Documents released under Freedom of Information (FOI) have raised transparency questions regarding the nature of the relationship between the Chief Minister’s office and major insurer Suncorp during the ACT’s recent CTP reform process.
Maurice Blackburn sought access to correspondence between the Chief Minister’s office and insurers under FOI after the Government failed to satisfactorily confirm that its proposed changes to Canberra’s CTP scheme would not leave injured motorists worse off.
Maurice Blackburn Principal Walter Hawkins said the documents raised critical questions in particular for the Chief Minister’s office about the role of insurers in the citizen’s jury process and the drafting of legislation, including the level of access granted to major insurer Suncorp.
“These documents raise questions about what we have long feared in this process – that the Government had a pre-determined outcome it wanted to achieve with these reforms and that it has kept the options and process narrow and controlled to deliver that outcome,” Mr Hawkins said.
“Our CTP scheme affects all of us and Canberrans should be asking why the door was left open to major insurers during this reform process, while other key stakeholders, including those with lived experience of our CTP scheme, were continually shut out.
“The email correspondence also provides key insights into how the Chief Minister’s office went about navigating the political landscape throughout this process, including with key Greens MLAs, in an attempt to secure the Government’s desired reform outcome,” he said.
Mr Hawkins said the documents raised five key questions for the Chief Minister’s office:
1. Why did the Chief Minister meet with Suncorp during the formative stage of developing legislation following the citizens’ jury process, and why does he want that meeting kept secret?
- Suncorp emails the Chief Minister’s office ahead of a meeting between two people whose names have been redacted [page 120 email binder].
- This is despite the Chief Minister’s and Attorney-General’s publicly available diaries revealing they both met Suncorp representatives on the date referenced in this email.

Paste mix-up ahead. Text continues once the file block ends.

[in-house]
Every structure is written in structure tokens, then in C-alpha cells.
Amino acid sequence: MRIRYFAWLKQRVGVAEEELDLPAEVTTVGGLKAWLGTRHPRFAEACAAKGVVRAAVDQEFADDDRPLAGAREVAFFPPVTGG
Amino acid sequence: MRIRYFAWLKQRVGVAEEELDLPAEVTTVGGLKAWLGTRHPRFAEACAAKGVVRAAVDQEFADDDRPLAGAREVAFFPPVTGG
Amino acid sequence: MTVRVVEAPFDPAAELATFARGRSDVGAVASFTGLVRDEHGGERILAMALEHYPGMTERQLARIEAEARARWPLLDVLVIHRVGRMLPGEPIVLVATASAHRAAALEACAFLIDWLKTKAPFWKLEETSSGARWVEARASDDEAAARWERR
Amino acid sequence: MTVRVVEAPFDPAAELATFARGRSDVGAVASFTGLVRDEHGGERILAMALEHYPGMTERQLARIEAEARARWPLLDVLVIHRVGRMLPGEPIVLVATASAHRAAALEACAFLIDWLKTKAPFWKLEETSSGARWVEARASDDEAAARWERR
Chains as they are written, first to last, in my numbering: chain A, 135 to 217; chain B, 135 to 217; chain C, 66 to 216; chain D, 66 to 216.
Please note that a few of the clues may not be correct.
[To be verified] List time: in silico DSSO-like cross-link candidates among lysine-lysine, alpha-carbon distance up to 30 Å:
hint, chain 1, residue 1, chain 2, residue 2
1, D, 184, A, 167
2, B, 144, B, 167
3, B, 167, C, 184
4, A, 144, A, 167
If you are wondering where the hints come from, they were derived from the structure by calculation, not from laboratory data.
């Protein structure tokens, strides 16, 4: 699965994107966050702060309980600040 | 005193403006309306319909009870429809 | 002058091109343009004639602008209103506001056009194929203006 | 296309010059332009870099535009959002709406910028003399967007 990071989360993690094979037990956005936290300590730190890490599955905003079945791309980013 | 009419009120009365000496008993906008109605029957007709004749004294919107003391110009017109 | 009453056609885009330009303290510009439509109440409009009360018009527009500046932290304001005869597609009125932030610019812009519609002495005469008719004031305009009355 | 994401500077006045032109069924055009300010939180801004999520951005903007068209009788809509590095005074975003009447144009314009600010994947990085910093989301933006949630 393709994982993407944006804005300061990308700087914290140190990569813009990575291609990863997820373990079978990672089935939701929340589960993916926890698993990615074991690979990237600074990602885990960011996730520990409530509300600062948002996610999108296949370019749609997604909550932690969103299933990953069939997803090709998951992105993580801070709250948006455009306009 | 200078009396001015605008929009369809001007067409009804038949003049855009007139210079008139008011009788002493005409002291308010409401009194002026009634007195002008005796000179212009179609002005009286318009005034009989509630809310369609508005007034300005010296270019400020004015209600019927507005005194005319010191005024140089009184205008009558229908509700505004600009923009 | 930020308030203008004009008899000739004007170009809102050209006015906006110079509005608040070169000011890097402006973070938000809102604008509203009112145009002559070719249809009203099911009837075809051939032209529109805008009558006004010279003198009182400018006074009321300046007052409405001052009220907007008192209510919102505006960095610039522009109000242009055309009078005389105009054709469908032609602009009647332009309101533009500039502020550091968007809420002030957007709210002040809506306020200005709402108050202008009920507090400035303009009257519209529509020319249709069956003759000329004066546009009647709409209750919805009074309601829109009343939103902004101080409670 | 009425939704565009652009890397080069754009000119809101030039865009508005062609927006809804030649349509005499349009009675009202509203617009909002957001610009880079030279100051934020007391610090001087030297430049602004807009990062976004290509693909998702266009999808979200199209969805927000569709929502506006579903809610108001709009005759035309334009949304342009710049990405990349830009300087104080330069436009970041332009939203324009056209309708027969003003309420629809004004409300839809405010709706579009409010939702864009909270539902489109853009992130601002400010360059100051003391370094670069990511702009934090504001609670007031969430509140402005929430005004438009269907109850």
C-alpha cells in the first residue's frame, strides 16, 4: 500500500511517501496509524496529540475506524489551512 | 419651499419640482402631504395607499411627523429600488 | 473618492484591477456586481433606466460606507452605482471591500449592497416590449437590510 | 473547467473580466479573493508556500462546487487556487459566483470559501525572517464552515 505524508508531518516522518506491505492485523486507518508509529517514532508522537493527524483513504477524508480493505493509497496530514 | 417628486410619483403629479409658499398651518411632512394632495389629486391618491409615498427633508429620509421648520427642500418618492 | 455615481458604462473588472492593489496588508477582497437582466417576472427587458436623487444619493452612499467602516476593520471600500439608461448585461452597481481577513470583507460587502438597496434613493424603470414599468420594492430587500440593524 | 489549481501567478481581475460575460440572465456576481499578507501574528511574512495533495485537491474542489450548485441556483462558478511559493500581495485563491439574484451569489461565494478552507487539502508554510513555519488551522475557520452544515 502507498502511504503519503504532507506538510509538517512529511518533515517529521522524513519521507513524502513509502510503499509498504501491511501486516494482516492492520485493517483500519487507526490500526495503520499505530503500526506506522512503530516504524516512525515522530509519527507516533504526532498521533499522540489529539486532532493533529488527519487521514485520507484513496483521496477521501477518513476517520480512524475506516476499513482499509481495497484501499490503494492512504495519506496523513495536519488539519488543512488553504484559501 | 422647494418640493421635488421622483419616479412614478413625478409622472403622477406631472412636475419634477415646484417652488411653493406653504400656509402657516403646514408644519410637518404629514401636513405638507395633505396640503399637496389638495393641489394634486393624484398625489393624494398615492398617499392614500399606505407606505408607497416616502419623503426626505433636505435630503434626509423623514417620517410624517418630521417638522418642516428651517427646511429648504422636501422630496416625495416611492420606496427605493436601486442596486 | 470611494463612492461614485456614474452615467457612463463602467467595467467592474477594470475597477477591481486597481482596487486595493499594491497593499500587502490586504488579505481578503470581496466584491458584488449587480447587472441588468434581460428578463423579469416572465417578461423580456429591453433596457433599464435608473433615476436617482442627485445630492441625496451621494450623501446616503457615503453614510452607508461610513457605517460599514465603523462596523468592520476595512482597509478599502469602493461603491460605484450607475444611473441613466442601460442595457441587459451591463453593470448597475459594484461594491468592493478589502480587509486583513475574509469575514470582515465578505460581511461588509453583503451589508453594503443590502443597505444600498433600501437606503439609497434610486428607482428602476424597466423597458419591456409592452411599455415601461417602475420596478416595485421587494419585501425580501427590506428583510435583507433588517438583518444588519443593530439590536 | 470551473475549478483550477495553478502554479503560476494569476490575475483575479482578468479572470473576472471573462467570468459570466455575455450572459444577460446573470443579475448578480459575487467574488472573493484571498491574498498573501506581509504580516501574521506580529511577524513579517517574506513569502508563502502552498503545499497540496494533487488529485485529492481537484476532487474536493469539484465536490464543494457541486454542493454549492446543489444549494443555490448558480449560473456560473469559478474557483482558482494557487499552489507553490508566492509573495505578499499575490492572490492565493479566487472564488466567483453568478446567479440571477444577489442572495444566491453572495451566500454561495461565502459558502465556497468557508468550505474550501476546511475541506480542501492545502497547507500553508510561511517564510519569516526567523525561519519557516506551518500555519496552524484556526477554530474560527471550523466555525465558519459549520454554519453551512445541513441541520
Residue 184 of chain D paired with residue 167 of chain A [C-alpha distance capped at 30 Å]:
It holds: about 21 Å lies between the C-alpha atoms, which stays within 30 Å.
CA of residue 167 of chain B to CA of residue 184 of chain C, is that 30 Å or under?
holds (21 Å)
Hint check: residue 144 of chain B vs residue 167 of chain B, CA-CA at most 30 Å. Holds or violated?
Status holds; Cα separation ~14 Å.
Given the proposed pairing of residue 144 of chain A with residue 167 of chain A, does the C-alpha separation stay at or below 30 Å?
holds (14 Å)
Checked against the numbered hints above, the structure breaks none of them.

- The email contains an attachment prepared by Suncorp for the Chief Minister on first party CTP, with a commitment that the insurer will provide more detail later on how such a scheme could operate in the ACT. [page 152 attachments binder]
2. Why did Suncorp have greater access to the Government before and after the citizens’ jury than other stakeholders?
- Suncorp offered opportunity to help the Chief Minister’s Communications team [page 168 email binder]
- Suncorp requests meeting with ALP MLA to discuss citizens’ jury outcome [page 62 email binder].
3. Why were inputs discussed in a cynical way?
- Refusal to discuss an independent assessment of citizens’ jury process until it is finished [page 1 email binder].
- “If the jury recommendations go in an unexpected direction” Chief Minister’s Office indicates there is an ‘expected’ pre-determined outcome from jury [page 136 email binder].
- “If we allow the legislation to get bogged down or pushed off into next year we significantly reduce our chances of actually delivering the reform.” Chief Minister’s office expresses unwillingness to allow scrutiny of CTP legislation [page 193 email binder].
- “Taking from the seriously injured just to make premiums a few bucks cheaper.” The Chief Minister’s office acknowledges motorists will pay similar amount for insurance [page 190].
4. Why was the Office so dismissive of Greens, MLA’s and community stakeholders, such as ACTCoSS?
- “Make sure she’s definitely in the cart and not going to spring any changes on us last minute”. Chief Minister’s office reference to Greens’ MLA Caroline Le Couteur [pg 138 email binder].
- “They don’t have an appetite for a really broad inquiry”. Chief Minister’s office say Greens don’t want scrutiny of reform process or outcome. [page 121 email binder].
- Assessment that the Greens may be “vulnerable” to arguments about the CTP legislation [page 190 email binder].
- Expectation Cabinet will automatically sign off on legislation [page 228 email binder].
- “You have absolutely got to be joking”. The Chief Minister’s office responds to ACTCoSS [page 15 email binder].
5. Why did they not take seriously the views of those with lived experience of CTP?
- “The majority of the report is just describing people’s situations and how lawyers helped get them compensation.” Assessment of the contribution of people who live with life-changing injuries and the current CTP scheme. [page 114 email binder].
The emails also reveal the government has yet to answer questions from some of Canberra’s senior local journalists, including:
- Why was the government asking its consultant to model scenarios for reform before the jury sits when the priorities for reform were meant to come from the jury? [The Canberra Times, page 233 email binder]
- Did the government refer CTP reform to a citizens’ jury because of a few high claims? [The Canberra Times, page 267 email binder]
- Was the jury process corrupted because critical information was only provided in the last hours of deliberation? [The ABC, page 60 email binder]
- Was the jury process “shambolic”? [The Canberra Times, page 64 email binder]
A copy of all documents released as part of the FOI inquiry as well as the Ministerial diary log are available here: